Black Lives Matter in Our Courtrooms Too

This piece originally appeared at the ACLU of Ohio

Attorney Andrea Burton didn’t walk into a local Youngstown courtroom with a large banner or poster — she simply had a small metal button with the words “Black Lives Matter” on her lapel. That was enough for Judge Robert Milich to sentence her to five days in the Mahoning County Jail because she refused to remove the pin. While judges may have a great deal of discretion about what happens in their courtroom, this raises some significant questions and continues to highlight the need for a sustained movement for Black lives.

Ms. Burton wore the button in the courtroom when representing her client two days earlier on July 20, without any incident. After that hearing, news reports indicate that the local prosecutor approached the judge and complained about the button. At the next hearing on Friday, July 22, Judge Milich requested Ms. Burton remove the pin. She refused to do so.

Black Lives and Political Symbols

Judge Milich says he ordered Ms. Burton to remove the pin because it is “political speech” akin to wearing a button supporting someone for elected office. He said that as an officer of the court, Ms. Burton needs to remain neutral and not appear to be biased in any way. He also said, “There’s a difference between a flag, a pin from your church or the Eagles and having a pin that’s on a political issue.”

This illustrates a deep disconnect with the message of Black Lives Matter. It is not a political slogan nor is it an endorsement of particular candidates for elected office. It is a statement that Black Lives Matter in our daily lives, and a recognition that Black people are systemically and historically denied the rights and privileges that every American should be entitled to.

While Judge Milich may draw a distinction between a Black Lives Matter pin and an American flag or church pin, many people within the Black community would disagree. An American flag may be one person’s symbol of freedom and liberty, and Black Lives Matter may be a symbol of the same concepts for someone else.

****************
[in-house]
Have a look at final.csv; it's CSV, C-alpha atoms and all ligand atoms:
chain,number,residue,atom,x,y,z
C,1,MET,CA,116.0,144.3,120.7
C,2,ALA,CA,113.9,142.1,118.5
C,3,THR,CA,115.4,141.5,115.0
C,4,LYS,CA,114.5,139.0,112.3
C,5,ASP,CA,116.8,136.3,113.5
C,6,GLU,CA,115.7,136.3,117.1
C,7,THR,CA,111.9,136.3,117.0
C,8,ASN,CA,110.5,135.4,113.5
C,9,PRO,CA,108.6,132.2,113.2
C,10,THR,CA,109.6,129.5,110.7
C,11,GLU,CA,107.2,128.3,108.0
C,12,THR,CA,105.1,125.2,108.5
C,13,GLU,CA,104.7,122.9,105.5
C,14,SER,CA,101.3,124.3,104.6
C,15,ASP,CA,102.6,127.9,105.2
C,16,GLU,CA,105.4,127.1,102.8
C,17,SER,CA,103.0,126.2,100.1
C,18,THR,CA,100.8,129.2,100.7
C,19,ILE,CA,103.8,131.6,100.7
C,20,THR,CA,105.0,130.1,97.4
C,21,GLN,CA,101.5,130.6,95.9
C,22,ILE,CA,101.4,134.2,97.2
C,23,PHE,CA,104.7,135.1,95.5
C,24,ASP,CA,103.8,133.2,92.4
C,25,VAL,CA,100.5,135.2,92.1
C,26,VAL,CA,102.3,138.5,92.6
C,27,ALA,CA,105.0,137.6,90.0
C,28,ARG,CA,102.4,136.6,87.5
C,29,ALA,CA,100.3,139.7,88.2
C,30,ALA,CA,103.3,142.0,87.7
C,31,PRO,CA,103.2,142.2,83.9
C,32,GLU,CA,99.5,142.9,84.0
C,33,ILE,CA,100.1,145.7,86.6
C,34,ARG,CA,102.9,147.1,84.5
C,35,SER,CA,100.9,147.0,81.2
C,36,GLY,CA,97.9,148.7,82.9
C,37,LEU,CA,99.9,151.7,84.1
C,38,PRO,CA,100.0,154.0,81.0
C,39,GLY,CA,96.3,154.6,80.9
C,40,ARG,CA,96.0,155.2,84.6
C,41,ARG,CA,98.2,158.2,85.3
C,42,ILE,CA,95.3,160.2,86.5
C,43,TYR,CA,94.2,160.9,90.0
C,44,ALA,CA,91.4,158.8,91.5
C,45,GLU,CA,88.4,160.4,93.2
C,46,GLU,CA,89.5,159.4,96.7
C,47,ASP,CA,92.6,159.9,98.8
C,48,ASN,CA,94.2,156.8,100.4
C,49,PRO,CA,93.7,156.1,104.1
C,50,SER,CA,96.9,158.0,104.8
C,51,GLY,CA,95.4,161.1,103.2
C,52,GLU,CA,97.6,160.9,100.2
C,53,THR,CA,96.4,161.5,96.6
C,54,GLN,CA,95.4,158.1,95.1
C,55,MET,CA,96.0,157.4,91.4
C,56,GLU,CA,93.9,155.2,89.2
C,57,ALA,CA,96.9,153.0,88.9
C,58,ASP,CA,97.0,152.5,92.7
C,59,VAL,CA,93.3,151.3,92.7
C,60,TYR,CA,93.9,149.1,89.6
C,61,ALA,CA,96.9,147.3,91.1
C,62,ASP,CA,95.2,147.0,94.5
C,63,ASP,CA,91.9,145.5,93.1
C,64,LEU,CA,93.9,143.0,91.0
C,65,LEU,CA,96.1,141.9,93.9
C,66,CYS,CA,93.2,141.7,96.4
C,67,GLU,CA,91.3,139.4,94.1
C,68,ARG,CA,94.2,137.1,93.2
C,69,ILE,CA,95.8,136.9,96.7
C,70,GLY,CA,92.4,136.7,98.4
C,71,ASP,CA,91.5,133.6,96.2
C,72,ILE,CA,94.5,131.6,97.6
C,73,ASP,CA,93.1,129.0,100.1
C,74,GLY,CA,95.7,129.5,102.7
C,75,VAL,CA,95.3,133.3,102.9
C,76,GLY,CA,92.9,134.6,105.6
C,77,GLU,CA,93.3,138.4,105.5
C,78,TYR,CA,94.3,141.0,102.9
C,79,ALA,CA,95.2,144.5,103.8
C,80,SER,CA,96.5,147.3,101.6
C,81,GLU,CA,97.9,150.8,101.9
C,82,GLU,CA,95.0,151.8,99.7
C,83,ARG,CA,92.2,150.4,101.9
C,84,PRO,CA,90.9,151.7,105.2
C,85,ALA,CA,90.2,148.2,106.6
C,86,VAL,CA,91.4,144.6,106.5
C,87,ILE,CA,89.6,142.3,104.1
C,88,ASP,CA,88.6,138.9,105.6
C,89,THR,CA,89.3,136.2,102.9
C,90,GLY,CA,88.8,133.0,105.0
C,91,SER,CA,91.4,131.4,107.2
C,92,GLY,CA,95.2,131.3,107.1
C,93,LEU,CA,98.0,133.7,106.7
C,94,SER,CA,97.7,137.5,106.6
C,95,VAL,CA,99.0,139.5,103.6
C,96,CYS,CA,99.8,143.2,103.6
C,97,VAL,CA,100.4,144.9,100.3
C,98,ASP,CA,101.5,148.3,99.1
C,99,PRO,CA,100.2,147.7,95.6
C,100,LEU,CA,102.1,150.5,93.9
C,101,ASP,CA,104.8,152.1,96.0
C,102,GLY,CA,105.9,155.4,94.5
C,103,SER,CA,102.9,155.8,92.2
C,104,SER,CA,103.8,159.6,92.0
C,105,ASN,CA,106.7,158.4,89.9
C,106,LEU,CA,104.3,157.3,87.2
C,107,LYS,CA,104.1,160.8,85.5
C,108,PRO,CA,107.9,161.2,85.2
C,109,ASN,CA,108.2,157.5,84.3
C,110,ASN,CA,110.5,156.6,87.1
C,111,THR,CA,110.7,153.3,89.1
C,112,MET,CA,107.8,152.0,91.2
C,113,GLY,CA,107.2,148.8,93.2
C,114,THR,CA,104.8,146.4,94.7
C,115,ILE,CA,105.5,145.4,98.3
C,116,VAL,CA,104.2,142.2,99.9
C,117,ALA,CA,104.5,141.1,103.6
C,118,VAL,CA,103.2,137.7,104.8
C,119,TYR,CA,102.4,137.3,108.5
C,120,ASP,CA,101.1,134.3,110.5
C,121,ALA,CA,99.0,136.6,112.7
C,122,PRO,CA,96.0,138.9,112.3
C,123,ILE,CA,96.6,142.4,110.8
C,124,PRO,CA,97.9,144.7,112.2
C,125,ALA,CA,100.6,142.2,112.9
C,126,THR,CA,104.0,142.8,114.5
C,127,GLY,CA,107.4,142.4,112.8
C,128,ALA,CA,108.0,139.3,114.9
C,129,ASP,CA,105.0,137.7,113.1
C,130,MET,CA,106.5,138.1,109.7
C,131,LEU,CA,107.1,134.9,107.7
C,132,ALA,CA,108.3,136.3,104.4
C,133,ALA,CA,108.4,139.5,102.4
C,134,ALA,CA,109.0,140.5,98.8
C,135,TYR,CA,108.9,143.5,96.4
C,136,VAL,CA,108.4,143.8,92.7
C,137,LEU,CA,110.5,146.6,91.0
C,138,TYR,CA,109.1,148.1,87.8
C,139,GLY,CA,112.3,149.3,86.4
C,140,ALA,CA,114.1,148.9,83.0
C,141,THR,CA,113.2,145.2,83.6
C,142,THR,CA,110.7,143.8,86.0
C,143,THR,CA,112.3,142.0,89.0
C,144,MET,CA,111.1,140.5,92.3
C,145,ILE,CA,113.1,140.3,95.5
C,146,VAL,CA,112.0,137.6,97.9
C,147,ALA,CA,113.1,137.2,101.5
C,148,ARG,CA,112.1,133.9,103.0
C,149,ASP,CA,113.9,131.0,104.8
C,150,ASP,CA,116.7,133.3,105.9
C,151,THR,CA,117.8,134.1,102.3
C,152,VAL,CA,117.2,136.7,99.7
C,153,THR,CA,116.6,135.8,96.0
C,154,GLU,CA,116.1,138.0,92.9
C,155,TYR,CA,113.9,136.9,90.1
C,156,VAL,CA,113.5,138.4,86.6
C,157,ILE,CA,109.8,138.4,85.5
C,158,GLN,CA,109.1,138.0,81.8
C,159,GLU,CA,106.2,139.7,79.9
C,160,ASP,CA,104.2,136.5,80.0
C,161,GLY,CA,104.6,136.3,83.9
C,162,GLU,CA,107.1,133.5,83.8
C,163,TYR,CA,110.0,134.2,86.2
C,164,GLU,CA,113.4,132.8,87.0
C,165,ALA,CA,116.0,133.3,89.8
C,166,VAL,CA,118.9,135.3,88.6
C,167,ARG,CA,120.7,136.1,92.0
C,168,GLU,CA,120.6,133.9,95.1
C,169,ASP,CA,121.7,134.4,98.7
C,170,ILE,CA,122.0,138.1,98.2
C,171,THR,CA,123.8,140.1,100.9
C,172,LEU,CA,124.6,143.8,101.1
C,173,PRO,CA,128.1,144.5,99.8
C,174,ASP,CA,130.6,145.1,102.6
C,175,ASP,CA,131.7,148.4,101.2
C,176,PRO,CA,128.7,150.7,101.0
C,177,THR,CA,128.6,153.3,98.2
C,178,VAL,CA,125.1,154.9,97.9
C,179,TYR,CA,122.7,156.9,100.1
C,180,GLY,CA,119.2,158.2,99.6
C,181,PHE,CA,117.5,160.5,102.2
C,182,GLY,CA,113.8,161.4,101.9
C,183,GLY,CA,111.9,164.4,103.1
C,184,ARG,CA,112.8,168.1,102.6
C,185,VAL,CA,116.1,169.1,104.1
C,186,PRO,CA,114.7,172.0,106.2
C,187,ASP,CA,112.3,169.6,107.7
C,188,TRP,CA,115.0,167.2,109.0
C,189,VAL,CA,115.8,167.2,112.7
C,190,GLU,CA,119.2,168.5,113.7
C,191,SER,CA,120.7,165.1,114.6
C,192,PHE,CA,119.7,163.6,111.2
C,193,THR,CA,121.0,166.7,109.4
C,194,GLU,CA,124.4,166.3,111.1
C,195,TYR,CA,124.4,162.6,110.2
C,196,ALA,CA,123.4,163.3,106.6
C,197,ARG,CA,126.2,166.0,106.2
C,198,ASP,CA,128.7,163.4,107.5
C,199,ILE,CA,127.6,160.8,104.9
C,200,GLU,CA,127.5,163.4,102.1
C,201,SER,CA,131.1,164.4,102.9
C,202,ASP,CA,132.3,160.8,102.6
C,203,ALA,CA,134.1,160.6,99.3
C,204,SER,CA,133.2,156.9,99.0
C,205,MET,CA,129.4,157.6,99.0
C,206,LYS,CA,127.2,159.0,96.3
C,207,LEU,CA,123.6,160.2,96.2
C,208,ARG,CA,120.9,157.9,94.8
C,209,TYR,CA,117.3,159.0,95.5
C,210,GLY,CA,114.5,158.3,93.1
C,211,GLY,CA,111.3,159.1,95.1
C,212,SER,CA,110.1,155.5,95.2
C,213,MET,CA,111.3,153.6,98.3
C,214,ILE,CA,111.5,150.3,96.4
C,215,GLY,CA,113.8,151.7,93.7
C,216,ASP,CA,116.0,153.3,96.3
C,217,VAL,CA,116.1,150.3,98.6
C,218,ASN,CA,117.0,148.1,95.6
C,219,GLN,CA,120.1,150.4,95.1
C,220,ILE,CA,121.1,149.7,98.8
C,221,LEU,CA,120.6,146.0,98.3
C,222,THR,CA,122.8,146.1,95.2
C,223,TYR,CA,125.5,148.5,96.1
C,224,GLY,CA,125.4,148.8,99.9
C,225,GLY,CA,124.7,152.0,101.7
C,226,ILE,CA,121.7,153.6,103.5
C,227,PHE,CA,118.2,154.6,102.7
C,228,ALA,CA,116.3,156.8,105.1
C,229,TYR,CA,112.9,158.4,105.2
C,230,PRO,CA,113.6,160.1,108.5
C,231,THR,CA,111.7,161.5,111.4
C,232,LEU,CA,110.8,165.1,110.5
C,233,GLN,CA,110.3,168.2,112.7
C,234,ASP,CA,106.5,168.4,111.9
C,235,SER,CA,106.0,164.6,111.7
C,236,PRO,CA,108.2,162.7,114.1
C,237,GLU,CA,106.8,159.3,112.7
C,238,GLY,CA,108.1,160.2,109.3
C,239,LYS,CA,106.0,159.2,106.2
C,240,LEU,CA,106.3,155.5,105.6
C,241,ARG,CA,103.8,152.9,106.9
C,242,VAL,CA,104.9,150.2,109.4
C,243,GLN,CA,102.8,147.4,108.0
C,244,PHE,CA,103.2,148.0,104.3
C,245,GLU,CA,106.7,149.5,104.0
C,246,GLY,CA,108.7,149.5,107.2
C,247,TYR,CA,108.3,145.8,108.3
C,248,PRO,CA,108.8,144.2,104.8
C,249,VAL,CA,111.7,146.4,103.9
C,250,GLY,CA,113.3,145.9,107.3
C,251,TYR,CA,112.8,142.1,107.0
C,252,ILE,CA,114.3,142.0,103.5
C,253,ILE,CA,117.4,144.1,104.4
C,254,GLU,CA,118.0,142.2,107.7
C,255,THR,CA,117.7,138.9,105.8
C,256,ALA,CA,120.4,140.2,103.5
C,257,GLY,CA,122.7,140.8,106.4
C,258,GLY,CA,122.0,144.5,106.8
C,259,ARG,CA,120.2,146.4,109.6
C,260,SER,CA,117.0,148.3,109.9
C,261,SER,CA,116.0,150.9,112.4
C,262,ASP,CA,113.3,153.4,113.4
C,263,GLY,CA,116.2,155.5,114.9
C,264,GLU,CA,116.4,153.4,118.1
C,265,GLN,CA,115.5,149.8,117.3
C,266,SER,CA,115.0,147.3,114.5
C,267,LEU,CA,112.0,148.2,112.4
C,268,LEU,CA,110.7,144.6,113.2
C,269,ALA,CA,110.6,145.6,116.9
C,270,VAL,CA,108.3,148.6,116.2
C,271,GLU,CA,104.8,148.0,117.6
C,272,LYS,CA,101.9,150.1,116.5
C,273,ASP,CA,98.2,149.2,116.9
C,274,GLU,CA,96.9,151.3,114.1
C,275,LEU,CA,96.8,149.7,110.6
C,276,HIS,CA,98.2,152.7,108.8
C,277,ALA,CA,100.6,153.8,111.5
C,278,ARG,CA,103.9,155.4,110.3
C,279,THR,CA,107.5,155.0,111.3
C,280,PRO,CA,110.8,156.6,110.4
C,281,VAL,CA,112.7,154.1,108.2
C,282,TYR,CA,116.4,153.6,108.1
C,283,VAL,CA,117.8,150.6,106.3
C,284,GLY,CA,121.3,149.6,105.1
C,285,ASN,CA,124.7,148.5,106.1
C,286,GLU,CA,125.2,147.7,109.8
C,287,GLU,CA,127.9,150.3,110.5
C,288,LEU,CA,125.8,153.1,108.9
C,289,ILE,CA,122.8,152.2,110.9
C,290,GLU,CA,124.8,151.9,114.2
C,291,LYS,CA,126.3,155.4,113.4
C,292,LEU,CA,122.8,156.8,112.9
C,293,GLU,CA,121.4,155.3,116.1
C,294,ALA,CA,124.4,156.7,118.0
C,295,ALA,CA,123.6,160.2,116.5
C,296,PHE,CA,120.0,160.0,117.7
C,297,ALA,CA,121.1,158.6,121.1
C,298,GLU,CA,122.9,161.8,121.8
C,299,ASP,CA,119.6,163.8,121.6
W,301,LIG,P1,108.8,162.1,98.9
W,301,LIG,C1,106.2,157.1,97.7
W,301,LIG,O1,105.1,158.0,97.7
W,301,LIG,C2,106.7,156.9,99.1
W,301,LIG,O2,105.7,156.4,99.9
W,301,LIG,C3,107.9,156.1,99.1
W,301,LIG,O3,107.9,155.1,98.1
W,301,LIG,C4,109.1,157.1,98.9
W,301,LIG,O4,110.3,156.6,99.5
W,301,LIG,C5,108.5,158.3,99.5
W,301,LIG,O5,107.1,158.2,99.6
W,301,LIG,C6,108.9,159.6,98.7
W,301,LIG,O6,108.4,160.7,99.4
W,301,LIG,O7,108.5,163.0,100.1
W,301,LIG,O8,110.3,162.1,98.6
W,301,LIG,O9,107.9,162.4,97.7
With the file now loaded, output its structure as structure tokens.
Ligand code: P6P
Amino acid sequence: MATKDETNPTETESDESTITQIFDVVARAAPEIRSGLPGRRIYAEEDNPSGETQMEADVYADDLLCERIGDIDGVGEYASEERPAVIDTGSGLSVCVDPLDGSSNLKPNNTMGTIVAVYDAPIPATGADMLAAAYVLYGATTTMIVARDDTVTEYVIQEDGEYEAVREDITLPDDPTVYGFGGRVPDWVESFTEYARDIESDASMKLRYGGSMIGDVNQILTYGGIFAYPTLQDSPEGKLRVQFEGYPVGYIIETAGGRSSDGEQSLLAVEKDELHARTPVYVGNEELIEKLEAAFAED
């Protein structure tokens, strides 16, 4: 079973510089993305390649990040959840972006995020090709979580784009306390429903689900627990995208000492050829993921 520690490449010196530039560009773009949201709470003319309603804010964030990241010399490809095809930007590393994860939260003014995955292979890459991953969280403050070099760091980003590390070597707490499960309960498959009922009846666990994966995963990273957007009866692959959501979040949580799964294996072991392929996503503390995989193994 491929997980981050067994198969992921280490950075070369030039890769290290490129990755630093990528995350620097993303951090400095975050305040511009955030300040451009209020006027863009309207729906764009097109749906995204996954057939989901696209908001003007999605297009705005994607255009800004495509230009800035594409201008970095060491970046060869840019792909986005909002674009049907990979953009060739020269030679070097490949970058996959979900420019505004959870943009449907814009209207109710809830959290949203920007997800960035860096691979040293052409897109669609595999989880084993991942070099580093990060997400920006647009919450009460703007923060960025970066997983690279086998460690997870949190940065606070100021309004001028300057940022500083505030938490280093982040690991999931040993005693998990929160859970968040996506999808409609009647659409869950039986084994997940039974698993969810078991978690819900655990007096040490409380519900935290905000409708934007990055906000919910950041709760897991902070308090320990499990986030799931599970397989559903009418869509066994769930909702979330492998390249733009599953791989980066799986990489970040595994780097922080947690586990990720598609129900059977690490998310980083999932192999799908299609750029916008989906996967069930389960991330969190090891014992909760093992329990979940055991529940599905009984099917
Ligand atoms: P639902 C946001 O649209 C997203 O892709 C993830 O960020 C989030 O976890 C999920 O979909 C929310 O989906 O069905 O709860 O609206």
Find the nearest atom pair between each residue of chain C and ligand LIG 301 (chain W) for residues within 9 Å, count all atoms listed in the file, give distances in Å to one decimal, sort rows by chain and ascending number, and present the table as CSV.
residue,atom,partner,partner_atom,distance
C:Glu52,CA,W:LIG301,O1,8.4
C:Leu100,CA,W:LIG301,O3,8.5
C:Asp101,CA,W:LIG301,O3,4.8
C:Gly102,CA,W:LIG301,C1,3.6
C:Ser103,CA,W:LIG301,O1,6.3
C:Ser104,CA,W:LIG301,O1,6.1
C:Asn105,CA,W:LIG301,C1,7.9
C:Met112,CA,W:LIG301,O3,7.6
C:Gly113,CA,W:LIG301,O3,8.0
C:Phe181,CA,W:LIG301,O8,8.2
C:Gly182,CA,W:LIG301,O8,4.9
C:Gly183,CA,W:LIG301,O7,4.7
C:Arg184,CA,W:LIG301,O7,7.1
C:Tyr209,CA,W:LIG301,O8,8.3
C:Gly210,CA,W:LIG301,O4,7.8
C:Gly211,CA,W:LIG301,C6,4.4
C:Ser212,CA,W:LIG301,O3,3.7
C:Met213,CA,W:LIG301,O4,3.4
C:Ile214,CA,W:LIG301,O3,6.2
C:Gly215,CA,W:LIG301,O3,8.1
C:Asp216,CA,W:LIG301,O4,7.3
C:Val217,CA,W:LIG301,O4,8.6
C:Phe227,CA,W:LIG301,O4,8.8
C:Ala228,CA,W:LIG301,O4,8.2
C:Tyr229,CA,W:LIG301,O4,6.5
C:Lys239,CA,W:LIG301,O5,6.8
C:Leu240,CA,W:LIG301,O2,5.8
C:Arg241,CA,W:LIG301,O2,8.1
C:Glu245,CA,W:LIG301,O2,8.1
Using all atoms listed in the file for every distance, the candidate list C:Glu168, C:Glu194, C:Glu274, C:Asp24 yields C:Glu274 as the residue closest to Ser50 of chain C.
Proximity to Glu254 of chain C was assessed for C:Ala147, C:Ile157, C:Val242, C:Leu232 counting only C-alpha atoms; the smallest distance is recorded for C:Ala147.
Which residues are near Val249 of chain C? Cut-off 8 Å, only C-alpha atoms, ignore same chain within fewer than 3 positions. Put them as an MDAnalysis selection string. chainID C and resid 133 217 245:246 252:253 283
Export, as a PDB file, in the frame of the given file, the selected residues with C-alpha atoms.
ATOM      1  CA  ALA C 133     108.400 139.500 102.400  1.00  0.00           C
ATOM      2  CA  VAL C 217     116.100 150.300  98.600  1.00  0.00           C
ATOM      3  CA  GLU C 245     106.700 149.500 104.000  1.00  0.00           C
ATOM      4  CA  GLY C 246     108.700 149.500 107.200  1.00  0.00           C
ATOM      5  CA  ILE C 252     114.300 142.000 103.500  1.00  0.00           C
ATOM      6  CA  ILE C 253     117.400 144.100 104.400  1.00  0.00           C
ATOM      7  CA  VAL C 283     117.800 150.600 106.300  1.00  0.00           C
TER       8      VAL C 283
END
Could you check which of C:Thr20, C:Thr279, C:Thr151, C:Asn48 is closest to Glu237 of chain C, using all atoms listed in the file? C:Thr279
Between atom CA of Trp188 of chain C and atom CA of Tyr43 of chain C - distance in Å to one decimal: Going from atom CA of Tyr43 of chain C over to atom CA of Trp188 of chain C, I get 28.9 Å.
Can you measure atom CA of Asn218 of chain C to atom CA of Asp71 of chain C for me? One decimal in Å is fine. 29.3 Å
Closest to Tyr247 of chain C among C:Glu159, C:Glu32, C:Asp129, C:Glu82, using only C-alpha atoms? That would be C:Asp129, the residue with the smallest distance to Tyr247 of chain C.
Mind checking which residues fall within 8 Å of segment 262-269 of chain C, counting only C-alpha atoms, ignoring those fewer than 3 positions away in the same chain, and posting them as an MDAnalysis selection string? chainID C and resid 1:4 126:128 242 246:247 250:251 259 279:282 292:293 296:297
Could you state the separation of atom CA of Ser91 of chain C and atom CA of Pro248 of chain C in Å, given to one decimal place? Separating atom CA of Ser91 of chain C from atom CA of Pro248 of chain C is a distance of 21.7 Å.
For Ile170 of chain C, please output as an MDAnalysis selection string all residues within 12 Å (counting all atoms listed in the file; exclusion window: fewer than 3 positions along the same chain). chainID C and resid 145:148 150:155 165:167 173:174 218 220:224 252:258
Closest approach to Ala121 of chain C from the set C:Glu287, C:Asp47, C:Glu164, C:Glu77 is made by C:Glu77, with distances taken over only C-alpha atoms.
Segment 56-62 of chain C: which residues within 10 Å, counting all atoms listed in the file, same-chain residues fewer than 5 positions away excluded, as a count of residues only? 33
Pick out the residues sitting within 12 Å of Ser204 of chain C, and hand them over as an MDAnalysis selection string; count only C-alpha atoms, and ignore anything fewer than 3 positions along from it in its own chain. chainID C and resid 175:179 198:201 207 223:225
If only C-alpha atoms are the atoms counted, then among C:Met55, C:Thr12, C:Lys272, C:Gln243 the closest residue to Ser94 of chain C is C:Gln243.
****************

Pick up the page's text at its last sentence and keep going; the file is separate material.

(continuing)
Making Black Lives Matter in Court

It is especially critical that the message of Black Lives Matter be heard in our courtrooms. With the practically routine acquittal of countless police officers for violence against people of color and racial disparities in nearly every aspect of the justice system — including who gets bail, who is convicted of drug offenses, and who gets access to drug treatment — Black lives need to matter more in our justice system right now.

An American flag may be one person’s symbol of freedom and liberty, and Black Lives Matter may be a symbol of the same concepts for someone else.

The button itself did not distract from the court proceedings until the prosecutor complained about its presence. It raises the question that if Ms. Burton were wearing a Fraternal Order of Police button supporting her local police union or a Fraternal Order of the Eagles pin, would the prosecutor have spoken out and would Judge Milich have had the same reaction?

Finally, the sentence itself seems excessive in this instance. Here in northeast Ohio, we have had police officers who killed a 12-year-old boy playing with a toy gun in Cleveland and served no time in prison or jail. And now we have one attorney who dared to wear a Black Lives Matter pin who will spend five days locked up. If that isn’t a stark visual as to the problems with our justice system and valuing Black lives and Black existence, I don’t know what is.

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This article is pure garbage. Childish, anti police, and anti American stupidity.


Are you talking about the judge?


The officer in Cleveland got out of his car only a few feet from the boy telling him to drop the gun. When the boy ignored the order, he was shot. Once again, an order from a police officer was ignored and a life was lost. To avoid future loss of life, all people have to do is LISTEN to the police officer's commands and do what you are told and you will not die. It's a very simple concept! Just LISTEN, that is all you have to do!


That's a complete mismatch between action and reaction. Was the officer under threat? Was anyone under threat? Did the child even have any inkling there was an issue? To him its a toy and he thinks the officer thinks that too.
Even if it had been a real gun that wouldn't have been an appropriate response


In under 2.5 seconds the child did not have time to hear understand and follow through with putting the gun down. This cop murdered a 12 year old child because he was scared of black people. You are part of the problem.


Actually, no he didn't. He got out of his car, said nothing, and within two seconds shot a 12 year old holding a toy. And got off without so much as a slap on the wrist.


Gimme a break. If someone pulled a loaded gun on you, you would think you're under threat; for the love of god use a few brain cells.

J. Biesche

Are you suggesting that a child - a CHILD! - who was playing with a toy gun should be shot and killed by police because he didn't possess the faculties of an adult and realize that he was in danger because an adult cop would be too stupid or too afraid of a TOY gun to exercise good judgment? You're some piece of work if you believe that, Anonymous.

Tony Tonez Hall

To white people who defend the police killings of unarmed people- you make me sick. Wake up. Pull your head out of wherever it is. I'm white, I can see police bias, so my theory is that you don't want to see it. Try to see it as discriminatory, just once for a second, please.


Simply wrong


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